By Hossam Mounir
Importers are still demanding the availability of dollars to be able to import food, medicine, intermediate goods and production requirements, according to financial managers at banks. This comes despite the weekly liquidity pumped by the Central Bank of Egypt (CBE) to cover these demands by importers.
Some statistics indicate that, since the start of 2015 until Thursday, the CBE pumped approximately $4.8bn into the market. Of this amount, $3.3bn of this amount acts as revenues of the dollar bids pumped four times a week by the CBE, whilst $1.501bn was through the dollar interbank mechanism. The CBE reactivated this service after its suspension for more than two years.
“Despite the huge amount of dollar liquidity pumped by the CBE, banks did not manage to cover all demands for foreign currency needed to import basic goods,”according to Hany Mahfouz, Deputy Chairman of Treasury in the Arab Investment Bank (AIB).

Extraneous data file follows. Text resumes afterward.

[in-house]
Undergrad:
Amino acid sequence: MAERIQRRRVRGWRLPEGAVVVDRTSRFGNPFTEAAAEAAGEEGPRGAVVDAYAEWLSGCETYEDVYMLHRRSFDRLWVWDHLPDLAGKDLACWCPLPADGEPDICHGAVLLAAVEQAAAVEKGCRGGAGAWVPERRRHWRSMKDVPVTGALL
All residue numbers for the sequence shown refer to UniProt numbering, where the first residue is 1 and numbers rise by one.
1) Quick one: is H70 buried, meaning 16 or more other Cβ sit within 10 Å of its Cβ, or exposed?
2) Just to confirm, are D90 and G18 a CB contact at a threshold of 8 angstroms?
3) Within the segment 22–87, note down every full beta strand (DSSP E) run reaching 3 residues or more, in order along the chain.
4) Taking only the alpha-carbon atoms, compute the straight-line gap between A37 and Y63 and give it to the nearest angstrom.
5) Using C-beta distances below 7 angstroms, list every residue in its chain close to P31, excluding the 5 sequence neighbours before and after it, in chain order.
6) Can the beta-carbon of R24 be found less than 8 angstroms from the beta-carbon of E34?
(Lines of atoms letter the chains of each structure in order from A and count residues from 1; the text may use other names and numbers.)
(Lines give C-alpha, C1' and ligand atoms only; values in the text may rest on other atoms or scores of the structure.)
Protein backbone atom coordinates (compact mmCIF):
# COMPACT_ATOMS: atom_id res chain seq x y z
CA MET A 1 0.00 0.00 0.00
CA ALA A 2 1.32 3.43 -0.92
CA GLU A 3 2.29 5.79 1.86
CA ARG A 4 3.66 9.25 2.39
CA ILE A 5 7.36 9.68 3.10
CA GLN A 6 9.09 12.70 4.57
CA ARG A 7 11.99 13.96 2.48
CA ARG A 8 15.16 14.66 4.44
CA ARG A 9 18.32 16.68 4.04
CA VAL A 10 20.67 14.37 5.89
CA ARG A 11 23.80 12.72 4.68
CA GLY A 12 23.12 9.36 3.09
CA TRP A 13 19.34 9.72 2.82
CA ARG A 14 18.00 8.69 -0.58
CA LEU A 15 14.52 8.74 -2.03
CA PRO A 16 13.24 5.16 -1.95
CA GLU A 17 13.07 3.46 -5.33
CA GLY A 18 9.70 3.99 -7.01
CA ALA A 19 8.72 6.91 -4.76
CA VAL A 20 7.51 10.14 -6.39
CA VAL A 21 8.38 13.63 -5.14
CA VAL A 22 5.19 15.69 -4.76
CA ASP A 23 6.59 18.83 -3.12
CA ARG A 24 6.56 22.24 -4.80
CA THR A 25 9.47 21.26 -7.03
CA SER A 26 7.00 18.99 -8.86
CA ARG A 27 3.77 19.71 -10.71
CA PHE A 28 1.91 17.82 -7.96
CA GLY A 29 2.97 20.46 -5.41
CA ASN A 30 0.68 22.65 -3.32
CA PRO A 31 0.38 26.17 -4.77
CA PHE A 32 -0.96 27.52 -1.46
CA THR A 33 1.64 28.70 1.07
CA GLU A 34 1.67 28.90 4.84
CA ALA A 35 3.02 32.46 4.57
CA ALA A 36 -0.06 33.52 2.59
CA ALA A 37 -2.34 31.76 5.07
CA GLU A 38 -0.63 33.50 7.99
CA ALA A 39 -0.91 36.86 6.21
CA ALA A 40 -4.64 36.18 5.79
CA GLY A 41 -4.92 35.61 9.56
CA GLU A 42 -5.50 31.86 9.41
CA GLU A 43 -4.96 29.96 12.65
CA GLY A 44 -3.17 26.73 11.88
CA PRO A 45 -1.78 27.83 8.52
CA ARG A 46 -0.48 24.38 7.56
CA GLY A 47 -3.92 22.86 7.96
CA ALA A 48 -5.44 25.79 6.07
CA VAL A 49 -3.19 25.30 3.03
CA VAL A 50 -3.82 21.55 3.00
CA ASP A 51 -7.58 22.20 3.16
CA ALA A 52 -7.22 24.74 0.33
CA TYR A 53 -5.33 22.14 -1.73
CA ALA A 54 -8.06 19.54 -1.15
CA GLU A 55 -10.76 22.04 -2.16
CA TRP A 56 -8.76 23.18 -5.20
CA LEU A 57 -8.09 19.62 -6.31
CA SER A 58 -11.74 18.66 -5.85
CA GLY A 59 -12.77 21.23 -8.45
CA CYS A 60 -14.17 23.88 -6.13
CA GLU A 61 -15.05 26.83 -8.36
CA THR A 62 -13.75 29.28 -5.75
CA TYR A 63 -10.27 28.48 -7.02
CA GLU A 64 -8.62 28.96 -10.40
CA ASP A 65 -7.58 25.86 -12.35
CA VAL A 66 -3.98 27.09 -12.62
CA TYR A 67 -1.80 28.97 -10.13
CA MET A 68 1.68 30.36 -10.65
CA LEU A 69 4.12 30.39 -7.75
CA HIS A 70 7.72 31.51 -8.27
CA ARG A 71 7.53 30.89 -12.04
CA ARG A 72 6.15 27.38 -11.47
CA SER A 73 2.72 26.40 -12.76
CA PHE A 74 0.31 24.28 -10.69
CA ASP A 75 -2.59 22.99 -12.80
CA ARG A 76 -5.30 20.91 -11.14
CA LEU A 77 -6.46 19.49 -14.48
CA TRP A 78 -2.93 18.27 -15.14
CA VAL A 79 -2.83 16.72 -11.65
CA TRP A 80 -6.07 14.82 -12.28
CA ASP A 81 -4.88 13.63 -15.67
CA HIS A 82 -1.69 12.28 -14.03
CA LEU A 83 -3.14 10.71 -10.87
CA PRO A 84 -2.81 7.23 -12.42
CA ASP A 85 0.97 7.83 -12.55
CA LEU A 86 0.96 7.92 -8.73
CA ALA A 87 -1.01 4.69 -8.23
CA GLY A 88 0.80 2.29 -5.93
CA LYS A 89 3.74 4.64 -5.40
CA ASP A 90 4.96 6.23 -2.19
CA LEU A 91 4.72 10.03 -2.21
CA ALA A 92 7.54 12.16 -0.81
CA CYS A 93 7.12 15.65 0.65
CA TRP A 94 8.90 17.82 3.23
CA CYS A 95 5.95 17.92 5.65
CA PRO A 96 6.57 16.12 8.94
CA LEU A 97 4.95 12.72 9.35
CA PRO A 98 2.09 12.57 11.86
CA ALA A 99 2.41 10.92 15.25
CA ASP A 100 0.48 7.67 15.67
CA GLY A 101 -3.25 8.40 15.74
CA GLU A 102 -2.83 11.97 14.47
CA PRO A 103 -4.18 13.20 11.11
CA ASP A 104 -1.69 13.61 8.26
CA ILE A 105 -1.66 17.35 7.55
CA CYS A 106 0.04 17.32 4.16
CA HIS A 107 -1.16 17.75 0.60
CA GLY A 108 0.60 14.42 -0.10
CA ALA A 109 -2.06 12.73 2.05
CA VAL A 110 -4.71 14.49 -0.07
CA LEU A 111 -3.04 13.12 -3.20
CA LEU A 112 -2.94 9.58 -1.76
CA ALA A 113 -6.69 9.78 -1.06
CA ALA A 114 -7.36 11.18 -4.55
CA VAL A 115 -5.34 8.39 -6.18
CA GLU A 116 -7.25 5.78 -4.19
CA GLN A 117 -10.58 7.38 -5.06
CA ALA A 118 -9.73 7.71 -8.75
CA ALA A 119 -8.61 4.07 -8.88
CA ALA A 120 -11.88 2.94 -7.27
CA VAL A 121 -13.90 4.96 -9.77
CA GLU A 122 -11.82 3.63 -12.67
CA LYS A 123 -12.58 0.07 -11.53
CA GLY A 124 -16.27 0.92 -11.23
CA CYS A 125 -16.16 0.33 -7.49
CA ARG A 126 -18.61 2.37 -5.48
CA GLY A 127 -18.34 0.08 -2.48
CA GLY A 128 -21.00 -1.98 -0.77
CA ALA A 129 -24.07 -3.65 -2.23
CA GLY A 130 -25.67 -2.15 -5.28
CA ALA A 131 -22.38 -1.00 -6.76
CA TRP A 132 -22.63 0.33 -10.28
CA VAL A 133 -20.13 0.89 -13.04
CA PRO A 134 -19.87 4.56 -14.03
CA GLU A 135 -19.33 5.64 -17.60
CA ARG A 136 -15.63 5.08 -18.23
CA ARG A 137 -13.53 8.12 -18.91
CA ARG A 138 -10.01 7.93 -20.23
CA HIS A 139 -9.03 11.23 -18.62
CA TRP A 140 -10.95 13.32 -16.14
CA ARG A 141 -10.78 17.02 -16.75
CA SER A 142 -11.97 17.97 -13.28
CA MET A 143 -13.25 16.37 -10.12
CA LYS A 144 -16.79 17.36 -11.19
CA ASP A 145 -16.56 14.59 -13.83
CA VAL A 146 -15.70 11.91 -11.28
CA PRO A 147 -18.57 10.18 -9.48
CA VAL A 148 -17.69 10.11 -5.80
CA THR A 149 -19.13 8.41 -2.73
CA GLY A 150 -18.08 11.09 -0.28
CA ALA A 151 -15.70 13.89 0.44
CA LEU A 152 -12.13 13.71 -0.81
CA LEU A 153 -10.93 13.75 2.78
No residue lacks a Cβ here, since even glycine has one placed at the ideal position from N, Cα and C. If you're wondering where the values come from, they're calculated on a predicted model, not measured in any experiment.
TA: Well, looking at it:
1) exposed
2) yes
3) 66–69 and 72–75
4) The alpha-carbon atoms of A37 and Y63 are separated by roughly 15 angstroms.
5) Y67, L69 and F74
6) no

Mahfouz said that dollar liquidity pumped by the CBE served only to ease the burden of importers on banks, but it did not cover all demands for foreign currency.
He said that demands for dollars to import basic products, such as food, medicine, intermediate goods and production requirements, without including entertainment products, are still in place.
He added that, with Ramadan approaching, consumption will rise. As a result, demands to open documentary letters of credit are increasing, to import meat, poultry, and fish, among others.
Haitham Abdel-Fattah, Head of the Treasury in the Industrial Development and Workers Bank of Egypt, said: “The CBE pumps dollars into other banks to provide more foreign currency in the market to help them cover clients’ demands for dollar.”
Ahmed El-Khouly, Head of Treasury at Housing and Development Bank concluded by saying: “The latest dollar tenders offered by CBE played an important role in easing the crisis of the pending demands in banks. However, other unmet demands are still in place.”